The radioactive capsule fell from a truck in Australia’s outback, sparking a radiation alert. A search of hundreds of miles of roads was then initiated.
Minister for Emergency Services in Western Australia confirmed that the silver capsule which emits Caesium137 was located.
Authorities were searching for the capsule measuring 6 x 8 mm and tracing its 870-mile (1.400 km) route using radiation-scanning gear.
Minister Stephen Dawson said that the military checked the capsule and that it would be transported to a secure location in Perth.
He said, “When you think about the area of the research, it was a monumental task to locate his object, the search groups had quite literally found the needle within the haystack.”
If they were near the capsule, people were warned about possible radiation burns and sickness.
However, driving past it from a distance was considered to be less risky than the radiation emitted in an X-ray.
Rio Tinto, a mining company, owns the capsule. It is part of an instrument that measures iron ore’s density.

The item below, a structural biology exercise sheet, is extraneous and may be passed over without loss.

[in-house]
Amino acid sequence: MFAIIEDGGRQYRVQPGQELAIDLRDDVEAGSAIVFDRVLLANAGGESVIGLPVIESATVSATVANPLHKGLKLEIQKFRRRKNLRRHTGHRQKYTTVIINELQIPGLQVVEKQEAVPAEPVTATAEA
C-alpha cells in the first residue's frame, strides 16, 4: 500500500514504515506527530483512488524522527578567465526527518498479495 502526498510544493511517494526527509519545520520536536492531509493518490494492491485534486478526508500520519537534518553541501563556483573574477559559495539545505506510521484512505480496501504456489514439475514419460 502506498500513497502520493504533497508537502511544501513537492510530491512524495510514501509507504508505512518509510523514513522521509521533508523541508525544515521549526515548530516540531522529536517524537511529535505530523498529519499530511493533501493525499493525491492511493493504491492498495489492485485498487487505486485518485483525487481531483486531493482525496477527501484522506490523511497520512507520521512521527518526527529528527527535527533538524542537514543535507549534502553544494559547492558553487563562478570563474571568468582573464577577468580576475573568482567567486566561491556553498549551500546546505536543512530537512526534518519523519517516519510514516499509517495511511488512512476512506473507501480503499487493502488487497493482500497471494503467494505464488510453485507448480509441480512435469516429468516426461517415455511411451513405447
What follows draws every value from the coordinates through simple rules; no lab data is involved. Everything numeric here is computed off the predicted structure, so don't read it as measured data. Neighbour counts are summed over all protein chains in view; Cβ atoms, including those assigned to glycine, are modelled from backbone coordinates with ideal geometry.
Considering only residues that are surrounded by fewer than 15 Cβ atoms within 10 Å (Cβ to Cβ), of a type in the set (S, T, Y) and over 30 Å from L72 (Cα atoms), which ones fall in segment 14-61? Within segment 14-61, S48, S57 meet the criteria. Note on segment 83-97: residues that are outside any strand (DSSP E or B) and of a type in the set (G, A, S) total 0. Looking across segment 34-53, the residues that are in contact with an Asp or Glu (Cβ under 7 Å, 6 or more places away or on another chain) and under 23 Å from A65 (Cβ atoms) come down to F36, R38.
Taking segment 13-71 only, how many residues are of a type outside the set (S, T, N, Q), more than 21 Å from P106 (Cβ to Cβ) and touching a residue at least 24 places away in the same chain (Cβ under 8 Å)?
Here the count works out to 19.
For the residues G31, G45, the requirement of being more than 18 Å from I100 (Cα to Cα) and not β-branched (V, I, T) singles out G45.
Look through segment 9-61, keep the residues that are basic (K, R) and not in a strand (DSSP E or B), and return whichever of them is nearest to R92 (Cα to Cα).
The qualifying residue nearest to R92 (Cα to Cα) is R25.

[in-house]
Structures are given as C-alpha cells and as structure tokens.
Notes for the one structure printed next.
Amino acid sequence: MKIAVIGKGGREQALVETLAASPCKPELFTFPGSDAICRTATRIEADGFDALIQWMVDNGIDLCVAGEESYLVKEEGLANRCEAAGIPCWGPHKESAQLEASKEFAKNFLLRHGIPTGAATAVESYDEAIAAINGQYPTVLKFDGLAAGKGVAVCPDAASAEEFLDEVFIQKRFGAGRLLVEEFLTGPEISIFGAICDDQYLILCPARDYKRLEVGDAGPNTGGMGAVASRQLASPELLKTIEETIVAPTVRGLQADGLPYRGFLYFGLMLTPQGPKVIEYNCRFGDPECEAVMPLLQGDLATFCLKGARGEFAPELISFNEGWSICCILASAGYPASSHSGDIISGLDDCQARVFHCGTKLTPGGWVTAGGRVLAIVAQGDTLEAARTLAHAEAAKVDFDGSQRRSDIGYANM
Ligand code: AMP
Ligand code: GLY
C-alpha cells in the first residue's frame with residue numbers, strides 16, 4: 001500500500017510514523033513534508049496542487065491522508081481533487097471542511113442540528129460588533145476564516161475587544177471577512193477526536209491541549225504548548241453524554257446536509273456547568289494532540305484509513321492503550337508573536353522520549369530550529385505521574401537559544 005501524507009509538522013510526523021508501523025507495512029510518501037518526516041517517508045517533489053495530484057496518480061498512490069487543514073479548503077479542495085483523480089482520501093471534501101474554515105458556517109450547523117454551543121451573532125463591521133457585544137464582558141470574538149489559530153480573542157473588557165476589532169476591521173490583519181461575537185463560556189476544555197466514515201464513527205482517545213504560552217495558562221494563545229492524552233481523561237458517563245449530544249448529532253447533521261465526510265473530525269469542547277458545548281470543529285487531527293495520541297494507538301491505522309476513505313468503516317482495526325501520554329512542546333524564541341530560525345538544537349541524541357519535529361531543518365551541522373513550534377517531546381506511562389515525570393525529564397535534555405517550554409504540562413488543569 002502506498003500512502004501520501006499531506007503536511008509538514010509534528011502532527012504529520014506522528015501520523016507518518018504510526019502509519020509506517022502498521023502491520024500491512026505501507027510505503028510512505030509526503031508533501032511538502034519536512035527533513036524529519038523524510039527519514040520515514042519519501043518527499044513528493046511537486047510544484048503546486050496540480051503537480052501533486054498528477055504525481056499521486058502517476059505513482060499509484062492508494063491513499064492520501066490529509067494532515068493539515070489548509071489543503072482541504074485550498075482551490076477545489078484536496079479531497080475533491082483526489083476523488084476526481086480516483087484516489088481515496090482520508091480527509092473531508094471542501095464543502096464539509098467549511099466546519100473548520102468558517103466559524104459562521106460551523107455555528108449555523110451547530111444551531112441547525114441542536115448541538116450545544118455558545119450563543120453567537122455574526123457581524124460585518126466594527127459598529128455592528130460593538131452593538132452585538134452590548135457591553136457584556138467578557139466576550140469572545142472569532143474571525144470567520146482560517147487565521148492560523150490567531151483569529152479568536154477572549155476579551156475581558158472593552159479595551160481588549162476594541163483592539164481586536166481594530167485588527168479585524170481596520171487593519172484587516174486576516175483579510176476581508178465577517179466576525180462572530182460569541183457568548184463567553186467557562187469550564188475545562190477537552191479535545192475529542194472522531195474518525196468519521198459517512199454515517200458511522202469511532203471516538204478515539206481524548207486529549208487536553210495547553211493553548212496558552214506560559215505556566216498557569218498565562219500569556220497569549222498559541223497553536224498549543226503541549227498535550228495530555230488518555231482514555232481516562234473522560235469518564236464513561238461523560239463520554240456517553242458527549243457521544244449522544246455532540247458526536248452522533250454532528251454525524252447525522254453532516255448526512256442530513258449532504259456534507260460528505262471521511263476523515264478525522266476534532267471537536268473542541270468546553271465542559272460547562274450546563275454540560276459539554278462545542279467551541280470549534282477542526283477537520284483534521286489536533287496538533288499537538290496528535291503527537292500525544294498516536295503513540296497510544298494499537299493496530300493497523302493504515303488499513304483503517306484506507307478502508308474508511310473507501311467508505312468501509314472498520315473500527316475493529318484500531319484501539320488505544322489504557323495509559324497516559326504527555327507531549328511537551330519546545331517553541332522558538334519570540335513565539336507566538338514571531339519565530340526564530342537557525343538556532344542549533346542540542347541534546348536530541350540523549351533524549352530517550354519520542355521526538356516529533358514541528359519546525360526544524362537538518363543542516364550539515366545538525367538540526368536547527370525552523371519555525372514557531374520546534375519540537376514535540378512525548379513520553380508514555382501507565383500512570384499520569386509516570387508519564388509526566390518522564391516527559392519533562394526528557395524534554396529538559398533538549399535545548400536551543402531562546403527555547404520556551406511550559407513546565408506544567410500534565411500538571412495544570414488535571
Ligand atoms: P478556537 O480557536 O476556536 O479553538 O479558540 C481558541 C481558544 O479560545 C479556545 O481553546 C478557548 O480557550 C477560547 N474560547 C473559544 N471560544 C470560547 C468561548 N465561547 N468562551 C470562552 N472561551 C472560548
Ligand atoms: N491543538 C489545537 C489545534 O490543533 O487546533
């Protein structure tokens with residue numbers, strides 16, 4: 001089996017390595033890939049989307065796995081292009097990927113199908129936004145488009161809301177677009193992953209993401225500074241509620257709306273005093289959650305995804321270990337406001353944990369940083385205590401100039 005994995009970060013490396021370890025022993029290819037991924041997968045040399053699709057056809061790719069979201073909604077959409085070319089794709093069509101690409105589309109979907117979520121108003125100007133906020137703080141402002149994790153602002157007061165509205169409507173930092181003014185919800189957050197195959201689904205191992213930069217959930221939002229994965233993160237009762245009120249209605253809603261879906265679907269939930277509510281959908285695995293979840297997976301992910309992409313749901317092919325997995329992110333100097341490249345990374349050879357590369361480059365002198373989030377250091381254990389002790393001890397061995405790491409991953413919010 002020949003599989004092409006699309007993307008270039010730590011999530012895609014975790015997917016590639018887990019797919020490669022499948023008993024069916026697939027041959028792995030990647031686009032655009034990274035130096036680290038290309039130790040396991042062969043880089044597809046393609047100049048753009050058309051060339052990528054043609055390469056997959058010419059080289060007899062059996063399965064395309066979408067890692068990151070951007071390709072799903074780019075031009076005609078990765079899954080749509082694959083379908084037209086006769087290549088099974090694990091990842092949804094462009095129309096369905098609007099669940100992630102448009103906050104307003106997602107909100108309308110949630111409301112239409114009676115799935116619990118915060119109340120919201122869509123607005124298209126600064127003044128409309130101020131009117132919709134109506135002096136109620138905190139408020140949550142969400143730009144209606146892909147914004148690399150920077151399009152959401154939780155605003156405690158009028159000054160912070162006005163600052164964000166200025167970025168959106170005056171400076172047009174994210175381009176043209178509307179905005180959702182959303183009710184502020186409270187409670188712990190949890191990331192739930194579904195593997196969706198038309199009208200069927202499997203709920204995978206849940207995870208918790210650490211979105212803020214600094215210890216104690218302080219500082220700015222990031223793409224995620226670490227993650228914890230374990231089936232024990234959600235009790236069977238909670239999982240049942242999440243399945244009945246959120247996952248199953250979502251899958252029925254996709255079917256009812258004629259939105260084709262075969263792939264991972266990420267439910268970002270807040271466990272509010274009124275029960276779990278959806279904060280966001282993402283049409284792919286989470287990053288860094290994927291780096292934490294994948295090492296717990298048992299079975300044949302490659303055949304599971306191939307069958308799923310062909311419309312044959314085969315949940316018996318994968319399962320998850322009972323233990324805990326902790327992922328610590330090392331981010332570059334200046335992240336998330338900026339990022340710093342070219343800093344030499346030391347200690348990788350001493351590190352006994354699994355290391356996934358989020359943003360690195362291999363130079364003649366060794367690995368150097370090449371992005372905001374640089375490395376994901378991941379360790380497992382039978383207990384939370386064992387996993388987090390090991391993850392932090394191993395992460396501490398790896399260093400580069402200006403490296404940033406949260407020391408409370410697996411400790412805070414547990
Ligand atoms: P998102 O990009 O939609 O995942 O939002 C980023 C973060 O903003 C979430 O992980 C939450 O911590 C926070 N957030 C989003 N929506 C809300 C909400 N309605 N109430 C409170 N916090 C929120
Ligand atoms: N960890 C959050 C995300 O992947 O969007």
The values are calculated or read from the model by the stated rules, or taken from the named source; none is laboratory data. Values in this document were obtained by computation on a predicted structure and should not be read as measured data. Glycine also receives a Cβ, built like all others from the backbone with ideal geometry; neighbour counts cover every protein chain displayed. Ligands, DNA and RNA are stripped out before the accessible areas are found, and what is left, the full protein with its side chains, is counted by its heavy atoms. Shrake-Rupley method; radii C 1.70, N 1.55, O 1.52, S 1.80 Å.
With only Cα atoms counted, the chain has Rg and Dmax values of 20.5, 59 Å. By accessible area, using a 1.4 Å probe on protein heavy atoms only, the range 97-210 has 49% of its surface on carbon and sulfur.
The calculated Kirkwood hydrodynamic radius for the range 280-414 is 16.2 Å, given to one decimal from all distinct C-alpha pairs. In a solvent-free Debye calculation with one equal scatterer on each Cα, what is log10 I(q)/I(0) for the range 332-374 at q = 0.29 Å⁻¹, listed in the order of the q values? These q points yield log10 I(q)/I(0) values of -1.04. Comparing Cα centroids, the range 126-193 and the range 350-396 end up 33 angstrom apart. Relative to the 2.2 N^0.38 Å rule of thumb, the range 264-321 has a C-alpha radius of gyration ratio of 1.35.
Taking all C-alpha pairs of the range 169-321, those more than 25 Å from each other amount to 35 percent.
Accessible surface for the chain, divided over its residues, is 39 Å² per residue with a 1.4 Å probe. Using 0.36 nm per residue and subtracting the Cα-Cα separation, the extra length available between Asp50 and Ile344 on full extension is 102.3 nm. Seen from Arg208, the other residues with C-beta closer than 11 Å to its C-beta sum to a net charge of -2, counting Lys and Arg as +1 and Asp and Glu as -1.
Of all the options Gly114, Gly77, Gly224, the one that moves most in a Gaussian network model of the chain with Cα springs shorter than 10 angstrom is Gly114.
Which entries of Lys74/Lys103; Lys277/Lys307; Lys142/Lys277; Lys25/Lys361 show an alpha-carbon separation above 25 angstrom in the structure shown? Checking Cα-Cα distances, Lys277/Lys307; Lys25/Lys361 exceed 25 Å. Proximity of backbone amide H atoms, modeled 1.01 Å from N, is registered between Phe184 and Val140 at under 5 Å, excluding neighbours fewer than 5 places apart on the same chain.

Vibrations from transportation may have caused bolts and screws to loosen from the gauge, allowing them to fall out.
The truck’s journey from Gudai Darri mine to Perth took it over a longer distance than Britain, so the search area was extensive.
After the capsule was reported missing on 25/01/19, police, the defense department and Australia’s nuclear safety authority were all involved with the search.
They were searching the Great Northern Highway of the state as well as other sections used by the “road train”, a truck pulling multiple trailers.
On Tuesday, approximately 410 miles (660 km) had been searched.
Rio Tinto, who gave the capsule to another company for transport, apologized and stated that it was conducting its own investigation.